Yes. For Salim and Arabiya the main support organisation that has worked with them since 1998 at the time of their first demolition has been the Israeli Committee Against House Demolition (ICAHD). ICAHD has also worked with other families and over the years has rebuilt 187 Palestinian homes as a form of non-violent political protest to the Occupation. Other organisations have also worked on the issue of demolitions and displacement such as Ir Amin, the Norwegian Refugee Council, Al-Haq and Adalah. The UN’s Office for the Coordination of Humanitarian Affairs and the UN Office of the High Commissioner for Human Rights record statistics and try to distribute aid (tents and water) to families who have lost their home. However overall it is support in kind and not by offering finances.
ICAHD activists have physically stood in front of bulldozers and chained themselves to Palestinian homes try to prevent demolition. They have never been successful in stopping the demolition but they delayed the demolition so instead of the Israeli authorities demolishing, for example, five homes in one day, they only had time to demolish two homes. In the case of Salim and Arabiya’s house, ICAHD has helped the family take their case to the Israeli Supreme Court, the highest court in their land, to have the demolition order on their house rescinded. In both cases they were over-ruled and the Shawamreh’s were fined. ICAHD has facilitated opportunities for the Shawamrehs to brief politicians, diplomats, representatives from religious bodies, peace and justice groups and the media. ICAHD has also raised international awareness about the issue of house demolitions and displacement. Its founder and director, Jeff Halper, has led the way in travelling the world to tell this specific story and on some occasions Salim and Arabiya have also travelled abroad on speaking tours. Articles have been written and films and photographic exhibitions made to tell this story to help internationals understand that the racial displacement of the Palestinian people from their homeland is a fundamental policy of Israel and that because of this grave violation of the Fourth Geneva Convention, there can never be peace in Palestine or in the wider Middle East. Internationals who support ICAHD have used Salim and Arabiya’s story in lobbying their political representatives. Early Day motions have been presented in the British Parliament on this issue and questions on demolitions and displacement have been asked in both Houses of the UK Parliament. The UN’s Special Rapporteur for Human Rights in the OPT, Prof Richard Falk highlighted the disturbing case of Salim and Arabiya Shawamreh in his annual report to the Human Rights Council in 2012, and stated it was “illustrative of a common Palestinian complaint that their property rights are indirectly usurped through the denial of formal permits and the subsequent issuance and execution of demolition orders.” The UN expert further highlighted that “while it will be rebuilt once again next month, the family will live under the threat of having its home demolished at any moment. The ever-present threat of Israeli bulldozers perverts the sense of normalcy so essential for raising children.” United Nations Special Rapporteur on Adequate Housing Prof. Raquel Rolnik visited the ruins of Beit Arabiya in February 2012 following its fifth demolition and as part of her two week tour of Israel and the OPT. In one of her concluding remarks she said, “From the Galilee and the Negev to East Jerusalem and the West Bank, the Israeli authorities promote a territorial development model that excludes, discriminates against and displaces minorities, particularly affecting Palestinian communities.”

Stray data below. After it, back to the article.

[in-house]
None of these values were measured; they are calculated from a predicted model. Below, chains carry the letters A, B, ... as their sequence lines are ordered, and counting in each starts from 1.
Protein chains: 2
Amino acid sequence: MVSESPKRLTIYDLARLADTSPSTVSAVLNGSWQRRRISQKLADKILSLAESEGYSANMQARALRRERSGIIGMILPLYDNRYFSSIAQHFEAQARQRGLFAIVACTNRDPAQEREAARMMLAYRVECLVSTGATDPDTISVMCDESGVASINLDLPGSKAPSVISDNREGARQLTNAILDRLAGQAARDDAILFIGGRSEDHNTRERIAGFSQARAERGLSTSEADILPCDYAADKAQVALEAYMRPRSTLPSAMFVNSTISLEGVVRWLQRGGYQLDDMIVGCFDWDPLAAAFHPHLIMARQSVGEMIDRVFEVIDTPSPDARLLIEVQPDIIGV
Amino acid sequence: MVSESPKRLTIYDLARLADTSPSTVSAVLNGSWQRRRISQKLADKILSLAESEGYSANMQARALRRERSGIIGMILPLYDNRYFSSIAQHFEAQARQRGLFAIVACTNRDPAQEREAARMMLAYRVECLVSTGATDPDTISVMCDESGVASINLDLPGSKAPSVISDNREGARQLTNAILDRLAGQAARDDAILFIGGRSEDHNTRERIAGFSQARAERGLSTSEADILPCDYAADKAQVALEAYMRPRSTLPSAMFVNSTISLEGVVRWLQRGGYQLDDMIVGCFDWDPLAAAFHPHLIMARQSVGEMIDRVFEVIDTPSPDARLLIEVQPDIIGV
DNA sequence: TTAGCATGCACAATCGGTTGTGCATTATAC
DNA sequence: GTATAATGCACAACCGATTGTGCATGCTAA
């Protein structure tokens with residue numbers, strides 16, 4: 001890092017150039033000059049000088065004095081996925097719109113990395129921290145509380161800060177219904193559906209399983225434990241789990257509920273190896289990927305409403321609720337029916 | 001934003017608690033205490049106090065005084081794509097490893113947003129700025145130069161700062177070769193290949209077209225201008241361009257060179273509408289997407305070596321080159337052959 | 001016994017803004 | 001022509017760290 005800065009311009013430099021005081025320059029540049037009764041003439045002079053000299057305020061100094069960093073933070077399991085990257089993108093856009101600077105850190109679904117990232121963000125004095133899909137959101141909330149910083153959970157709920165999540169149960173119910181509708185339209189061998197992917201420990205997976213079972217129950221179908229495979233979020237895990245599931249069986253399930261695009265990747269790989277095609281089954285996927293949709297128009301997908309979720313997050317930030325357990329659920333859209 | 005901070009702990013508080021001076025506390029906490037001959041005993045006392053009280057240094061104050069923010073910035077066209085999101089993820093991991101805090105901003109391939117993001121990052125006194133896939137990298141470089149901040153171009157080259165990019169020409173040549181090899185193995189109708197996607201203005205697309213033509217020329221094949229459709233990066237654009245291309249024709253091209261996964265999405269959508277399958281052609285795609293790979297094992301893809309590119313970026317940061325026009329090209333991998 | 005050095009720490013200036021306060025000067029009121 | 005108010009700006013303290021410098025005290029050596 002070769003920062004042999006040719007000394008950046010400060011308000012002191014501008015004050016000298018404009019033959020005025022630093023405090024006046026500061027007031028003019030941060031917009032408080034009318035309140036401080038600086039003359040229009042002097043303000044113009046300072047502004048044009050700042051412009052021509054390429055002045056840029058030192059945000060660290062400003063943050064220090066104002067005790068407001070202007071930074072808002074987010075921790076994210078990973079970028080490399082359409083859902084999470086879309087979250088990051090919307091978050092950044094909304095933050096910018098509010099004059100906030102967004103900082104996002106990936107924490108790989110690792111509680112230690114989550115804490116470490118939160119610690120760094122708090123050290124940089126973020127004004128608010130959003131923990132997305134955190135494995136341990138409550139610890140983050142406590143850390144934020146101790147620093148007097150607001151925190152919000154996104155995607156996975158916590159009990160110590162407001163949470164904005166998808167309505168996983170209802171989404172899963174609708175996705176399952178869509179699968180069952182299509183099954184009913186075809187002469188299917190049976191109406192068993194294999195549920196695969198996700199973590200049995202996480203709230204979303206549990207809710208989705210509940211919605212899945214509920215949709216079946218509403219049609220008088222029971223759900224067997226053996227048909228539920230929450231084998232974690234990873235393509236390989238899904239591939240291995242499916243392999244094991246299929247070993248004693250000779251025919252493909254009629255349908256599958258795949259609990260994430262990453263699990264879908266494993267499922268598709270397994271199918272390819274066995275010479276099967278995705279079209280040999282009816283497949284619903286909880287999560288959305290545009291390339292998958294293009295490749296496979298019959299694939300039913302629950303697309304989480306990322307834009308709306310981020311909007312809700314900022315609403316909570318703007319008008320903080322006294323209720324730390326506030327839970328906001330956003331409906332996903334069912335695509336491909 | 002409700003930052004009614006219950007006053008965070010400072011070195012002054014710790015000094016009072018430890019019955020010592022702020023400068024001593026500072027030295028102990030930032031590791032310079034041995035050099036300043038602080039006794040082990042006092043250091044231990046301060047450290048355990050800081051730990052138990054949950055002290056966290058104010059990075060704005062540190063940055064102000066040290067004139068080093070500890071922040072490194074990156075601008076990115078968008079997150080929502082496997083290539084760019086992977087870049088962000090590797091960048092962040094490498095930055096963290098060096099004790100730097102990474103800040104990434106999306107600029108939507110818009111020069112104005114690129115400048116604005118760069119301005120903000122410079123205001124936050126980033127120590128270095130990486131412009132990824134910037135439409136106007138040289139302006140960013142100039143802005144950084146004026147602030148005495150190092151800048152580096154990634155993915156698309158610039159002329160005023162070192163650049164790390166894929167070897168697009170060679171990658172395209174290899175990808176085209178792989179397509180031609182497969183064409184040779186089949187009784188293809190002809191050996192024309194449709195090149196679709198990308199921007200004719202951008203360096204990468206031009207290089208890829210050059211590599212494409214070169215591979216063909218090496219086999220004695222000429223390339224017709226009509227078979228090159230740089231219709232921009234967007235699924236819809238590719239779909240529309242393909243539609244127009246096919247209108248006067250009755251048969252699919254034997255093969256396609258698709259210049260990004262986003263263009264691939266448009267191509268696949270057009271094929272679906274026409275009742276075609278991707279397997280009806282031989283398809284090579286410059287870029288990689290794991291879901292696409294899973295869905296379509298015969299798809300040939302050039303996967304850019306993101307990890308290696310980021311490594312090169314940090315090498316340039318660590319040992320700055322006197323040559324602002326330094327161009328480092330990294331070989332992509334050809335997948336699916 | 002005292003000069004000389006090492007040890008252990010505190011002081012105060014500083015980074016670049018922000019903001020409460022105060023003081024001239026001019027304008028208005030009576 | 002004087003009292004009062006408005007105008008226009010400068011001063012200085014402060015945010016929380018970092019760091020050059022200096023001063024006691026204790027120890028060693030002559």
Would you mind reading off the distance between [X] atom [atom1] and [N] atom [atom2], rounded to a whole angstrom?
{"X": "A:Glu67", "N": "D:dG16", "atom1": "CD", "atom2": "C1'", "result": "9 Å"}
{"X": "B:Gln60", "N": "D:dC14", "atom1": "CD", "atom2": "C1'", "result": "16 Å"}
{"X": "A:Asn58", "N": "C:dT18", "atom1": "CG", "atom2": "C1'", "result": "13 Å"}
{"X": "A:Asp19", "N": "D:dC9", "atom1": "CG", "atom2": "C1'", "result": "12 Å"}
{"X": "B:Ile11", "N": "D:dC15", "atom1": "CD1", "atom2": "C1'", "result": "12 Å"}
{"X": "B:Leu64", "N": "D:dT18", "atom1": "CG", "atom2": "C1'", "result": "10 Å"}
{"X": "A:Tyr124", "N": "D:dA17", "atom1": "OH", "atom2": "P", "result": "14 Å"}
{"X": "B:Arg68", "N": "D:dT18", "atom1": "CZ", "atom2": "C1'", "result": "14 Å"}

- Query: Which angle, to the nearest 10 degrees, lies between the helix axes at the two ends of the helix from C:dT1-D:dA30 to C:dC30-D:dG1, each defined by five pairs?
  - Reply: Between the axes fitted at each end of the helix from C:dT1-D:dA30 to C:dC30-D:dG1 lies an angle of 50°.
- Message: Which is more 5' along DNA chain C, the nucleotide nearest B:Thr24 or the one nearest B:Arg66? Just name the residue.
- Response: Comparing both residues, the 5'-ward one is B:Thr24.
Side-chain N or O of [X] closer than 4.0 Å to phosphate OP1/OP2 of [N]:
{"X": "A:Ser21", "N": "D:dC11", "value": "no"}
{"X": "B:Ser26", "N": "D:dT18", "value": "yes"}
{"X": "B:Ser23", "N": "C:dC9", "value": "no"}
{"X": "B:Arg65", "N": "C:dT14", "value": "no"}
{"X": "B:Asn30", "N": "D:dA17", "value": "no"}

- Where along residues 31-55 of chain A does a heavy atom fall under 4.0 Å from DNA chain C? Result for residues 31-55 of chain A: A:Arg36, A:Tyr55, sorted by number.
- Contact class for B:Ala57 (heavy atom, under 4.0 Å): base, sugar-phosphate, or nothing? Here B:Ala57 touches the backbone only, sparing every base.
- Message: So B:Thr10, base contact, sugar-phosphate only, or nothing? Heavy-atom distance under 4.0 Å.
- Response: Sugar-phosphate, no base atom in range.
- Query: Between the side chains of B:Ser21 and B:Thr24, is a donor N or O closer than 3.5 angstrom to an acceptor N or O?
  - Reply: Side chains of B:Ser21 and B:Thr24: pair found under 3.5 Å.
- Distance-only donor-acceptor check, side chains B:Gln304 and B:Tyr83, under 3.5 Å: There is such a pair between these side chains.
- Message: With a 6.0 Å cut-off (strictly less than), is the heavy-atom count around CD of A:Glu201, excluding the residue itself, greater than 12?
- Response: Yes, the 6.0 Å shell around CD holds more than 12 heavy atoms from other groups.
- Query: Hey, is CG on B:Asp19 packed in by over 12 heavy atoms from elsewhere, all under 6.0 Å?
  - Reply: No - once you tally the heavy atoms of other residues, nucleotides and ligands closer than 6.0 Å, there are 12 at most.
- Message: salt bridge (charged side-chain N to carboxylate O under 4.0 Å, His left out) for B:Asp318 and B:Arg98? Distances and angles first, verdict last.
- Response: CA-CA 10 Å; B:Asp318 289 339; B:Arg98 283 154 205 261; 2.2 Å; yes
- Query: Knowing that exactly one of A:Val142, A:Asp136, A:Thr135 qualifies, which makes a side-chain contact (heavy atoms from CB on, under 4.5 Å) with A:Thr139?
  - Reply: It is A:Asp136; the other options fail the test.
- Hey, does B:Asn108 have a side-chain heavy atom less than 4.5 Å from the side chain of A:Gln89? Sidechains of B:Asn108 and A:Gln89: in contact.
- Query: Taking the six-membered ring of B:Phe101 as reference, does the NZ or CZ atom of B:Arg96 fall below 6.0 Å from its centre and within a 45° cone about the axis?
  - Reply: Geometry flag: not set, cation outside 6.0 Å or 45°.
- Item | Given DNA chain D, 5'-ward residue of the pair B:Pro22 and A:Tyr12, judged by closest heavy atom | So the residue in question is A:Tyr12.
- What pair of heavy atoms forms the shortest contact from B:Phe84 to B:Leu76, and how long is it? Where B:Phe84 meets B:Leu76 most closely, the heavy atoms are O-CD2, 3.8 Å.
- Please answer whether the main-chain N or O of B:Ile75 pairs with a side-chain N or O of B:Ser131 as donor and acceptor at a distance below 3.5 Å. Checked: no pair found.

Despite all our efforts in education, awareness-raising, non-violent direct actions and lobbying we have not been able to reduce the devastating effects on a family that has lost their home and been displaced. However Palestinians know that there are those within the Israeli Jewish community who utterly oppose their government’s Occupation policies which has gone beyond Occupation to an Apartheid situation that is seeing the Palestinians warehoused into overcrowded disconnected enclaves where there growing poverty and despair. They also know that more of international civil society understands the injustice of their experience of living under an oppressive occupation. In January 2005, ICAHD was the first Israeli organisation to call for boycotts, divestment and sanctions (BDS) against Israel until the Occupation ends and this has now become a global movement. Beit Arabiya has become a living symbol of resistance to Occupation and the desire for justice and peace. During ICAHD’s 11th annual rebuilding camp in August 2013, thirty internationals joined Israelis and Palestinians who worked side by side, refusing to be enemies, in constructing a memorial site commemorating the 28,000 Palestinian homes that have been demolished by Israeli authorities . Visitors can walk through the ruins of a demolished home and view exhibits on aspects of the Occupation and Beit Arabiya is now a place where Palestinian and international artists can perform and where Palestinian and Israeli activists can meet to strategize.
Israel has never awarded compensation to any Palestinian who has had their house demolished and been displaced because according to Israel’s zoning and planning laws, which are discriminatory, it’s the Palestinians who do not have permission to build or even extend houses on land that they own. Because Israel did not give them a building permit, their homes are demolished. The most that Palestinians get is a small canvas tent from either the UN or the Red Cross but that is only a temporary measure.
no (no)
There is only one option offered: if Palestinians demolish their homes themselves, they are spared a fine and receiving the bill for the use of the bulldozer and the cost of bringing in between 100 – 200 members of the Israeli Defence Force (IDF) which happens during demolitions. This is a practice that is increasingly happening in East Jerusalem. Palestinians are told that there house “might” be demolished in a few days so are advised that they will be “better off” if they do the demolition themselves within that time frame.
It is very likely that Beit Arabiya will be demolished for the seventh time and should that happen we will continue to rebuild it until the Occupation ends and the Shawamreh family can live in the house. In the meantime we continue with all our campaigning efforts. If Salim Shawamreh is invited to participate in this forthcoming Tribunal on Evictions is also becomes part of our international awareness-raising efforts. We believe that governments only do the right thing when pushed by civil society and we hope that by being at the tribunal it will be another step that will eventually push the Israeli government to comply with international law.
There is no specific date. If Beit Arabiya is demolished for the seventh time ICAHD will mobilize in response.

Details of the person registering information

Linda Ramsden
Director
Israeli Committee Against House Demolitions UK
ICAHD UK, BM ICAHD UK, London WC1N 3XX
England
0044 033 000 11033
director@icahduk.org
www.icahd.org
English
We would like Salim Shawamreh to present the case of the six demolitions he and his family have suffered.

Documents (to upload)

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Publication Conditions

si (si)
si (yes)